Bob Marley was best known for uplifting songs about love and peace, but 40 years on from his death wild claims of sinister assassination plots persist.
The Jamaican singer died of cancer on May 11, 1981, at the tragically young age of 36.
He was at the height of his fame and an international superstar thanks to hits like No Woman, No Cry and One Love.
But the cause of his death has been subject to conspiracy theories and rumours ever since.
On December 3, 1976, Marley was shot in an attempted assassination attempt in Kingston, Jamaica.
Seven armed men raided the house of the singer two days before he was due to stage a concert in an attempt to quell recent violence.
While Marley remained politically neutral, many viewed him as supporting the prime minister Michael Manley and his democratic socialist People’s National Party.
Marley's wife, Rita, was shot in the head in her car in the driveway. The gunmen shot Marley in the chest and arm.
His manager, Don Taylor, was shot in the legs and torso. Band employee, Louis Griffiths took a bullet to his torso as well. Astonishingly, there were no fatalities
Marley and three others were shot, but all survived. The gunmen were caught, tried, and executed.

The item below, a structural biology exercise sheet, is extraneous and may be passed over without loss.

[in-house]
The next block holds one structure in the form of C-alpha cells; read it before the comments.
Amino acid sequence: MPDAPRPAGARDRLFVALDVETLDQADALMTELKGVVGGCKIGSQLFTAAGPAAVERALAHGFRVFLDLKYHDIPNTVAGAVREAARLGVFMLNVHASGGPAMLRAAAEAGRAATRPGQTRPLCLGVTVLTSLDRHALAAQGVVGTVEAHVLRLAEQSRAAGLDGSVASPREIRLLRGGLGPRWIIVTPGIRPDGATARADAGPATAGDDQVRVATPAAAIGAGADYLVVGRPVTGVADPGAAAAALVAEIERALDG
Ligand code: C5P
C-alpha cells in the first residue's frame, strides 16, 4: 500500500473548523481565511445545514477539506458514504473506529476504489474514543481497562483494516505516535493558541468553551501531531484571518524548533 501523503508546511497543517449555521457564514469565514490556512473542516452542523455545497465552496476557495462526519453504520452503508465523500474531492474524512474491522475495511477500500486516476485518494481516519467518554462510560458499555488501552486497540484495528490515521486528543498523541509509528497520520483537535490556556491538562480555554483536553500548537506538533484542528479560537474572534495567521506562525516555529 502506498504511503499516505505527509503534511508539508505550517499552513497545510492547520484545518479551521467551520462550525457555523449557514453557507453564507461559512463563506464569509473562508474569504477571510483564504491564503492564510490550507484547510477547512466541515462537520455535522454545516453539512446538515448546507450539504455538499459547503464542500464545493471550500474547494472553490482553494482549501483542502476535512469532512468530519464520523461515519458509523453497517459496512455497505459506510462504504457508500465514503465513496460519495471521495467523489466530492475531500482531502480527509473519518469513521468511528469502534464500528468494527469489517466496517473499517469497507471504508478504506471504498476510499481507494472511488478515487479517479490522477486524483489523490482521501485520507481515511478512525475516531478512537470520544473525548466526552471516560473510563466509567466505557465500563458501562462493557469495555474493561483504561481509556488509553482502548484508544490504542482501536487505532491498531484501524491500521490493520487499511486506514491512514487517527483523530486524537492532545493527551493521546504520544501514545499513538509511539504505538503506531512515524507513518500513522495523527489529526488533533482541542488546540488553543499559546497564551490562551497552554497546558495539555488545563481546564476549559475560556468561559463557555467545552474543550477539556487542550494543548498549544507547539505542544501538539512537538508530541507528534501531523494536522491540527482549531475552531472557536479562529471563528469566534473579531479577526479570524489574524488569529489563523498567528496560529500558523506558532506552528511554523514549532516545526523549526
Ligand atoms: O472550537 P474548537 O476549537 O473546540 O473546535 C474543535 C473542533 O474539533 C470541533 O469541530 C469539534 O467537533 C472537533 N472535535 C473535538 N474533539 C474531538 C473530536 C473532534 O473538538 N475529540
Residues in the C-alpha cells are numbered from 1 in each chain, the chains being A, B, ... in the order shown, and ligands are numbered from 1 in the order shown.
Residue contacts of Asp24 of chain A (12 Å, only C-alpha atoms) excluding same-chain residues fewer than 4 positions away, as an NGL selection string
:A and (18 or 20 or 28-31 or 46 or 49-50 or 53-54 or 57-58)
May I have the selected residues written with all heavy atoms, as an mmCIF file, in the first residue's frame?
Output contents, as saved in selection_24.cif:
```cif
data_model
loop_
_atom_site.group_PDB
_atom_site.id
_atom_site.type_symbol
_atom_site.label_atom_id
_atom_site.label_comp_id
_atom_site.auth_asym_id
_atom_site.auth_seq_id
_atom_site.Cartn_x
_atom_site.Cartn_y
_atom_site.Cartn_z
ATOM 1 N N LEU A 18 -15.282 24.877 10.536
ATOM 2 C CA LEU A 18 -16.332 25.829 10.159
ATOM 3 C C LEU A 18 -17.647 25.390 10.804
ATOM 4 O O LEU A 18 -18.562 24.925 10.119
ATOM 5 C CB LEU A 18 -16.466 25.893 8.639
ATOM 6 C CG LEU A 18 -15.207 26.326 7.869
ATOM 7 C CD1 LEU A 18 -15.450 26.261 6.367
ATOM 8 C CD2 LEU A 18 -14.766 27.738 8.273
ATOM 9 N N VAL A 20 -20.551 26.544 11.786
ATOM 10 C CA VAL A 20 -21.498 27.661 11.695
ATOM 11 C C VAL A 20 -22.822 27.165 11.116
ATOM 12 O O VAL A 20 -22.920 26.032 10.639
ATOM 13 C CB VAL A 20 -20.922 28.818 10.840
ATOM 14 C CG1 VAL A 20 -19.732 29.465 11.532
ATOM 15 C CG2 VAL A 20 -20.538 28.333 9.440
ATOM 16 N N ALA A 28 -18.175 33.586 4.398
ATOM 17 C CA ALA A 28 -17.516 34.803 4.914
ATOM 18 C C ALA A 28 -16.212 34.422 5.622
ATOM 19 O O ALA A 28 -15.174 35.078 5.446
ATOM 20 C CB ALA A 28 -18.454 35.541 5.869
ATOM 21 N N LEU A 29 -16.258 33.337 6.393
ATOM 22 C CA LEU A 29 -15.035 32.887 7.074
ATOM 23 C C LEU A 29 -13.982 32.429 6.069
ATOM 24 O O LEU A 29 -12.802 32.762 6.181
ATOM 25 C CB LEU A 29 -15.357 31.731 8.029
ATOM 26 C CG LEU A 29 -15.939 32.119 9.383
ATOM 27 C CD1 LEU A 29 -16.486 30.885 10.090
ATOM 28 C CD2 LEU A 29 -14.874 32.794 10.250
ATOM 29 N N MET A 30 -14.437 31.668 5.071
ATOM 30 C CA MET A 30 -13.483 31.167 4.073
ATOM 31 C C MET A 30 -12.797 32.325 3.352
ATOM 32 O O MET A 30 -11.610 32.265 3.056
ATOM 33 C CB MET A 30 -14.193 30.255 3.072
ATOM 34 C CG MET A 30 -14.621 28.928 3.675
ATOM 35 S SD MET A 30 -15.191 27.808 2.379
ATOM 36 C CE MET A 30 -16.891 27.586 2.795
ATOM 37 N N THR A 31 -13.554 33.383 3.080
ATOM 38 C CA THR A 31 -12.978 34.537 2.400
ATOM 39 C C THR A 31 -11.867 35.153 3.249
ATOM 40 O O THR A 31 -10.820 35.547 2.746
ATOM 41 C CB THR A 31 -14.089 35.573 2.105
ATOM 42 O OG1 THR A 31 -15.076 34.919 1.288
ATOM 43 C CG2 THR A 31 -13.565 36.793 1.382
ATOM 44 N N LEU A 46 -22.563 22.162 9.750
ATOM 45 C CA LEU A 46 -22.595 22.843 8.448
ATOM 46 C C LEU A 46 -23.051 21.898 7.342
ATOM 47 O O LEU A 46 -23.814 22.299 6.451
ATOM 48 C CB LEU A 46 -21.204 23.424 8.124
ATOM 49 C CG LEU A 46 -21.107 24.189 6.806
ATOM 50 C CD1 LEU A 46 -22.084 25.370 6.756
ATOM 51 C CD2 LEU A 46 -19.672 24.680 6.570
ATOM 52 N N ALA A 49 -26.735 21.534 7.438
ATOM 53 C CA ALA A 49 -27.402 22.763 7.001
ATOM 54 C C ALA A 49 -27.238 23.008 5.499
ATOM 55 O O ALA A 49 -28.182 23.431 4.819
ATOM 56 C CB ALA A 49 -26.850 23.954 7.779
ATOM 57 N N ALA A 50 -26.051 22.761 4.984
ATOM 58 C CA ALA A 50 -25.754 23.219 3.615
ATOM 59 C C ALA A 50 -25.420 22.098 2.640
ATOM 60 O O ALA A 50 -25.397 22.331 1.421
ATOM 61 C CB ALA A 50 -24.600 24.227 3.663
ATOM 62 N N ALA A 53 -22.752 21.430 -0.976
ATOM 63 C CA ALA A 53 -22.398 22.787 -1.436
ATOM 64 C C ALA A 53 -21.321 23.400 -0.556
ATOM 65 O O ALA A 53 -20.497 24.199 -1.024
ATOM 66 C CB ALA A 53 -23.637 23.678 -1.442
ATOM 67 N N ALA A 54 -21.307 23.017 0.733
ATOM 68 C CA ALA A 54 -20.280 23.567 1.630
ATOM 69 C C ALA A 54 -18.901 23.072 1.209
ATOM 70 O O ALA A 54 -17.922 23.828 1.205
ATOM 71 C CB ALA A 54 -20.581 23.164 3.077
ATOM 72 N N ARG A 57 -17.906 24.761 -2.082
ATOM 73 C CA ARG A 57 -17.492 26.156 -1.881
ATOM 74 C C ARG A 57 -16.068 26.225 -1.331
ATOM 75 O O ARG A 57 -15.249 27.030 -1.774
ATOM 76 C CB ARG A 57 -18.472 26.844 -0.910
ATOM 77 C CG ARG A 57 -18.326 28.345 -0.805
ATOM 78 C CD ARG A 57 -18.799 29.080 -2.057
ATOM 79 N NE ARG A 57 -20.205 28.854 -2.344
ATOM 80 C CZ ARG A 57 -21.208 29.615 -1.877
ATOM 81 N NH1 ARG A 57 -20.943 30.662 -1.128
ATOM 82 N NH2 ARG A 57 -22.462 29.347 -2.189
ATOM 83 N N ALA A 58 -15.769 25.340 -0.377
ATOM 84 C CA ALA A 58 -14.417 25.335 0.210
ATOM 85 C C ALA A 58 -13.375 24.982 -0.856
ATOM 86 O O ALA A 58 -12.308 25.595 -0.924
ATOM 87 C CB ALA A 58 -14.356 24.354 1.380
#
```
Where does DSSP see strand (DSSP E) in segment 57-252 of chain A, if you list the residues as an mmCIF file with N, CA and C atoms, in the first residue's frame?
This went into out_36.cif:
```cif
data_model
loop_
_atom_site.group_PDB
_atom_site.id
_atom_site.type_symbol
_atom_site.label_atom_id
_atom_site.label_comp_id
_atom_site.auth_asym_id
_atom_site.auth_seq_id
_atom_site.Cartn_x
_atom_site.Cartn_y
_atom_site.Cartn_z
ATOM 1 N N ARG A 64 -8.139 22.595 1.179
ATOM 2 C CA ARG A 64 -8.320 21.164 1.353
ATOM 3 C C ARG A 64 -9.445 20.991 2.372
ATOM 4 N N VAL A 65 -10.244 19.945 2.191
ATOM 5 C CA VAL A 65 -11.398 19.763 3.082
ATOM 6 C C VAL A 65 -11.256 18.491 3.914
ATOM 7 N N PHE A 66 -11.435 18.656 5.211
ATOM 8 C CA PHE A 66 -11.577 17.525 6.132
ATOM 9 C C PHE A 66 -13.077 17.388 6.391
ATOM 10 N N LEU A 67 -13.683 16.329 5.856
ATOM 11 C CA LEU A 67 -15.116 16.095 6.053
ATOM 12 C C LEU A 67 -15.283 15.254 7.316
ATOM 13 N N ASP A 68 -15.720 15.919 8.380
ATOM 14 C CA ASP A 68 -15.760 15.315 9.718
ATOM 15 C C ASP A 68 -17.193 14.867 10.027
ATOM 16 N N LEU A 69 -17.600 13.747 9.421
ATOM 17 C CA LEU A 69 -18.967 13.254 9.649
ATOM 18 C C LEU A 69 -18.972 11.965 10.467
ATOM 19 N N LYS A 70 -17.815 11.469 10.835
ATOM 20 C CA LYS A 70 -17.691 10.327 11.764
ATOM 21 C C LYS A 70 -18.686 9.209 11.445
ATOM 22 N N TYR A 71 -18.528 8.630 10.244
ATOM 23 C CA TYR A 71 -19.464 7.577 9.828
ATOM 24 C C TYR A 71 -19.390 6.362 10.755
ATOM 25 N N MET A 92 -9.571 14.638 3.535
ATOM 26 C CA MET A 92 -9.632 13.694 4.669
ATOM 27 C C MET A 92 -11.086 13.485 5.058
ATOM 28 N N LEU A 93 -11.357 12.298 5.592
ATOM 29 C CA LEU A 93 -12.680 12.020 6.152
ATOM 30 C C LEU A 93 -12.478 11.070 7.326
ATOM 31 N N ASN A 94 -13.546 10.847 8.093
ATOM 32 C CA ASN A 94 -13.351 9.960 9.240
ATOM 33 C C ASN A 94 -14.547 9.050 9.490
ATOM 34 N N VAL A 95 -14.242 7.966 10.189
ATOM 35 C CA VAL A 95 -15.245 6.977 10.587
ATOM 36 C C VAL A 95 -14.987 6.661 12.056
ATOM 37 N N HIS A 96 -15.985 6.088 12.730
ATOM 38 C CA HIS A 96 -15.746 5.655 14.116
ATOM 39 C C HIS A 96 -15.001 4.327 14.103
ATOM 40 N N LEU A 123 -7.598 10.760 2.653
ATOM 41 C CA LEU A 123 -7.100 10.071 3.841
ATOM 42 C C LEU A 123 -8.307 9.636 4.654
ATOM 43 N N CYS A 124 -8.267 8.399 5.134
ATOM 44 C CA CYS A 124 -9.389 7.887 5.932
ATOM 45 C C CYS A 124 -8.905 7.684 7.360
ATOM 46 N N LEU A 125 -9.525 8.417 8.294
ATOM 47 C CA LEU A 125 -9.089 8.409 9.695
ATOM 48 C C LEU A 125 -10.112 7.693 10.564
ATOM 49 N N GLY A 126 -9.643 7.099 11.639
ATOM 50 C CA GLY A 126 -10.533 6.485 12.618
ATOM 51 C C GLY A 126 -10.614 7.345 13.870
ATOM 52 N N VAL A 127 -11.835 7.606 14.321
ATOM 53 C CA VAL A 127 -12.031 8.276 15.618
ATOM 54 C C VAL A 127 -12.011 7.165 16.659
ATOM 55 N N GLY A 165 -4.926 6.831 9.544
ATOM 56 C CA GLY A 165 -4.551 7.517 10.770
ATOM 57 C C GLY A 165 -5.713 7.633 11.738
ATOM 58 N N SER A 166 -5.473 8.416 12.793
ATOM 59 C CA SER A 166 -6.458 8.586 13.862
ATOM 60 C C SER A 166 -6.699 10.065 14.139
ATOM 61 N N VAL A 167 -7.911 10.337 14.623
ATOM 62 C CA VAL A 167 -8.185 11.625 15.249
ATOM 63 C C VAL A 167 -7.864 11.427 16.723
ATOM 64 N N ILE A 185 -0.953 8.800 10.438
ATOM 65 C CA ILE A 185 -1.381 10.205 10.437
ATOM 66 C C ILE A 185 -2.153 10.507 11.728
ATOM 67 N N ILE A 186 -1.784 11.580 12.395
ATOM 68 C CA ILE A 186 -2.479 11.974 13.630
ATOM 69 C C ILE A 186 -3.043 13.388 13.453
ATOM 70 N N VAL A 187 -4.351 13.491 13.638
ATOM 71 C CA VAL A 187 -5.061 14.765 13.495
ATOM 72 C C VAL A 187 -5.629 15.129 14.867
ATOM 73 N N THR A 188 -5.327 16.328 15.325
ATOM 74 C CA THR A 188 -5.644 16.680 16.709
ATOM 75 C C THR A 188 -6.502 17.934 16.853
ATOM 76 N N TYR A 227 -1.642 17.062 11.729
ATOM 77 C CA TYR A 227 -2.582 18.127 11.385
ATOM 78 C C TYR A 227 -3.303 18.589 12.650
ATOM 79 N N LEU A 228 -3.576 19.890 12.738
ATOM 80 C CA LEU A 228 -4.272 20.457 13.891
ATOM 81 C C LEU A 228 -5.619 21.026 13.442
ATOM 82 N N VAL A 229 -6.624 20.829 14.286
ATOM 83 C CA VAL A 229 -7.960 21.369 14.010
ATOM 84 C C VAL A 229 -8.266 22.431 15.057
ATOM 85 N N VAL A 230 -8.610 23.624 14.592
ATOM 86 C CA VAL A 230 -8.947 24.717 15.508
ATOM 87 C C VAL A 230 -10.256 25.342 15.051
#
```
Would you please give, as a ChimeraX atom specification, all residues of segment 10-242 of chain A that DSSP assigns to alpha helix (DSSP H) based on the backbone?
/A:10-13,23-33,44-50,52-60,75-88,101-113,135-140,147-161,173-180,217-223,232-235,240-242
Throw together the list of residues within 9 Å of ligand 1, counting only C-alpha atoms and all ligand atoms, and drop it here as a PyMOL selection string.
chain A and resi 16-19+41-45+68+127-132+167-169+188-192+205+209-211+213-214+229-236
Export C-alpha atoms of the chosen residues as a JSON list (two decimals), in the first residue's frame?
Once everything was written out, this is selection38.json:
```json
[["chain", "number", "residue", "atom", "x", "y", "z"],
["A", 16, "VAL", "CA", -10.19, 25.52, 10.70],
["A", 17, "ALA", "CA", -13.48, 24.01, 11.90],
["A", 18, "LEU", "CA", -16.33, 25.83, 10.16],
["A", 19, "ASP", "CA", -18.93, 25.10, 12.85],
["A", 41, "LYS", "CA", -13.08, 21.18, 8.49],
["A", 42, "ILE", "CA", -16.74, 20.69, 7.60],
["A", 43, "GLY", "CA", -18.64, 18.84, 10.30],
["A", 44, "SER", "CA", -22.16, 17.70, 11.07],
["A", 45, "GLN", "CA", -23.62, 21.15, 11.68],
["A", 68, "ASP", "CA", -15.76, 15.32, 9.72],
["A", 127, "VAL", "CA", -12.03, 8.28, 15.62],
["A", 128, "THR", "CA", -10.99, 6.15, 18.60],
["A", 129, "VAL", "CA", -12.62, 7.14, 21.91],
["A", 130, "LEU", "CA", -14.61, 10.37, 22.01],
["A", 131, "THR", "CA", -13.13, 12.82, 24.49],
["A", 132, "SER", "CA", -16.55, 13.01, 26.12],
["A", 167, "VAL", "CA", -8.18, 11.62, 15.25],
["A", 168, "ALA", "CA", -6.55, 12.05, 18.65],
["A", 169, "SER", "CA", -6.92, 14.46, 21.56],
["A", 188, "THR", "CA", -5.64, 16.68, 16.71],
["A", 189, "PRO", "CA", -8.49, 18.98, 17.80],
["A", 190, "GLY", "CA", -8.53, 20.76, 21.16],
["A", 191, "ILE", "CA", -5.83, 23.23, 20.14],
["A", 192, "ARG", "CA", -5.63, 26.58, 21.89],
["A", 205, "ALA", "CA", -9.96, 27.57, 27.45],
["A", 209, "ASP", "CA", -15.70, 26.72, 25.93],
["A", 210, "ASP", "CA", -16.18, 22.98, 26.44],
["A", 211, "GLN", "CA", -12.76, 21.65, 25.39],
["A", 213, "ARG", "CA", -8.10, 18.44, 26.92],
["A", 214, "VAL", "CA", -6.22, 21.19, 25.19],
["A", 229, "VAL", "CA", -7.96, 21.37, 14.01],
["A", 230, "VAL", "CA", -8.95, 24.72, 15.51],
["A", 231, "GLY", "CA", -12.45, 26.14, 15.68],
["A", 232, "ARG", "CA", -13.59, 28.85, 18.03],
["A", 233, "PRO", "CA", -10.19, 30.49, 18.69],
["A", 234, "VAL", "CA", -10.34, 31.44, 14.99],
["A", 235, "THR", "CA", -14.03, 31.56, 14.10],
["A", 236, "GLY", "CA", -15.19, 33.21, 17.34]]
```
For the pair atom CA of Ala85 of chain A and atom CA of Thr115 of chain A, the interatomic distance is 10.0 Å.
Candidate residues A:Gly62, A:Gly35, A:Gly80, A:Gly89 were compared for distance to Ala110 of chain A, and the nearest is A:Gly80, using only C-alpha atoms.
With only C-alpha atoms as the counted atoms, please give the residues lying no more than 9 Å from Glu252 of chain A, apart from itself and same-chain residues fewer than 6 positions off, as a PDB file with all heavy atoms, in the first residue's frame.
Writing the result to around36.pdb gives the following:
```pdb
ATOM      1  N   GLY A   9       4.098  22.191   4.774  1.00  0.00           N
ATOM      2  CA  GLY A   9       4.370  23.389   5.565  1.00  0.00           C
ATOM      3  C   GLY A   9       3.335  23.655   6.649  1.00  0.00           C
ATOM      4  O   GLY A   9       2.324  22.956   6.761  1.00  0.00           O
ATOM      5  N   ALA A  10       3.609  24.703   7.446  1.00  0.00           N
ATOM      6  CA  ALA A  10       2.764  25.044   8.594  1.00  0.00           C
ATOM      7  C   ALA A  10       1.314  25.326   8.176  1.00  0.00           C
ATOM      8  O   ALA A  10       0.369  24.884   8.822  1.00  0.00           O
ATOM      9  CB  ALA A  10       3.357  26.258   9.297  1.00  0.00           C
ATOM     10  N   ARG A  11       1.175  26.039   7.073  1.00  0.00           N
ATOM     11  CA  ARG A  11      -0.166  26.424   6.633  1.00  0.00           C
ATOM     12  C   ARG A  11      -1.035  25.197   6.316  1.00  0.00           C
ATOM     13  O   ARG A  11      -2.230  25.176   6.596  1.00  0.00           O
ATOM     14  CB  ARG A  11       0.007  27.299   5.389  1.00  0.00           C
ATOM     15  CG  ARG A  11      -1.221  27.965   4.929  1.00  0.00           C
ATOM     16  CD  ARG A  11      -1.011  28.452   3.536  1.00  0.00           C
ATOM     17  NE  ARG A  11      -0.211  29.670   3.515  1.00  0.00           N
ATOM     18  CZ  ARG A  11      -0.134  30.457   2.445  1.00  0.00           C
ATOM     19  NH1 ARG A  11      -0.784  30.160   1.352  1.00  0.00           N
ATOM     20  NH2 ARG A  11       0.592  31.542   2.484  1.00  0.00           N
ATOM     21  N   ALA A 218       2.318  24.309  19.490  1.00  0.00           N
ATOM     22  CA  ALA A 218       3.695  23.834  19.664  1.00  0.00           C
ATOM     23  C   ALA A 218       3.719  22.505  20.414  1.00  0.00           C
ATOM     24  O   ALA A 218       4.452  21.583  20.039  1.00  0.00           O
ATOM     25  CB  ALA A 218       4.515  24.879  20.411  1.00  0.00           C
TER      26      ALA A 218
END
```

But in 2018, rappers T.I. and Busta Rhymes, reignited a bizarre conspiracy theory about the death of the musical legend.
They shared a screenshot on Instagram of an article quoting a supposed ex-CIA agent called Bill Oxley.
According to the article on Vanguard, a Nigerian news site, Oxley claimed he had “infected Marley with cancer” when he was posing as a New York Times photographer in order to gain access to the singer at his Blue Mountains retreat in Jamaica.
Oxley said he ‘infected’ Marley with ‘cancer viruses and bacteria’ by pricking his toe.
“I gave him a pair of Converse All Stars. Size 10. When he tried on the right shoe, he screamed out”, Oxley is quoted as saying.
The story claims he was killed because he was “starting a revolution”.
On his deathbed, 79-year-old Oxley is also said to have claimed Marley was one of 17 people he killed for the CIA between 1974 and 1985.
Although some people questioned how Marley contracted fatal melanoma that spread from his toe to his brain, the Oxley theory was dismissed by, among others, debunking site Snopes which said it could find no record of a Bill or William Oxley having any association with the CIA.
The website claimed the story originated on the website of a former BBC journalist who previously worked for notorious conspiracy theorist David Icke.
After a four-year cancer battle, Marley died from brain cancer in 1981 in Miami.
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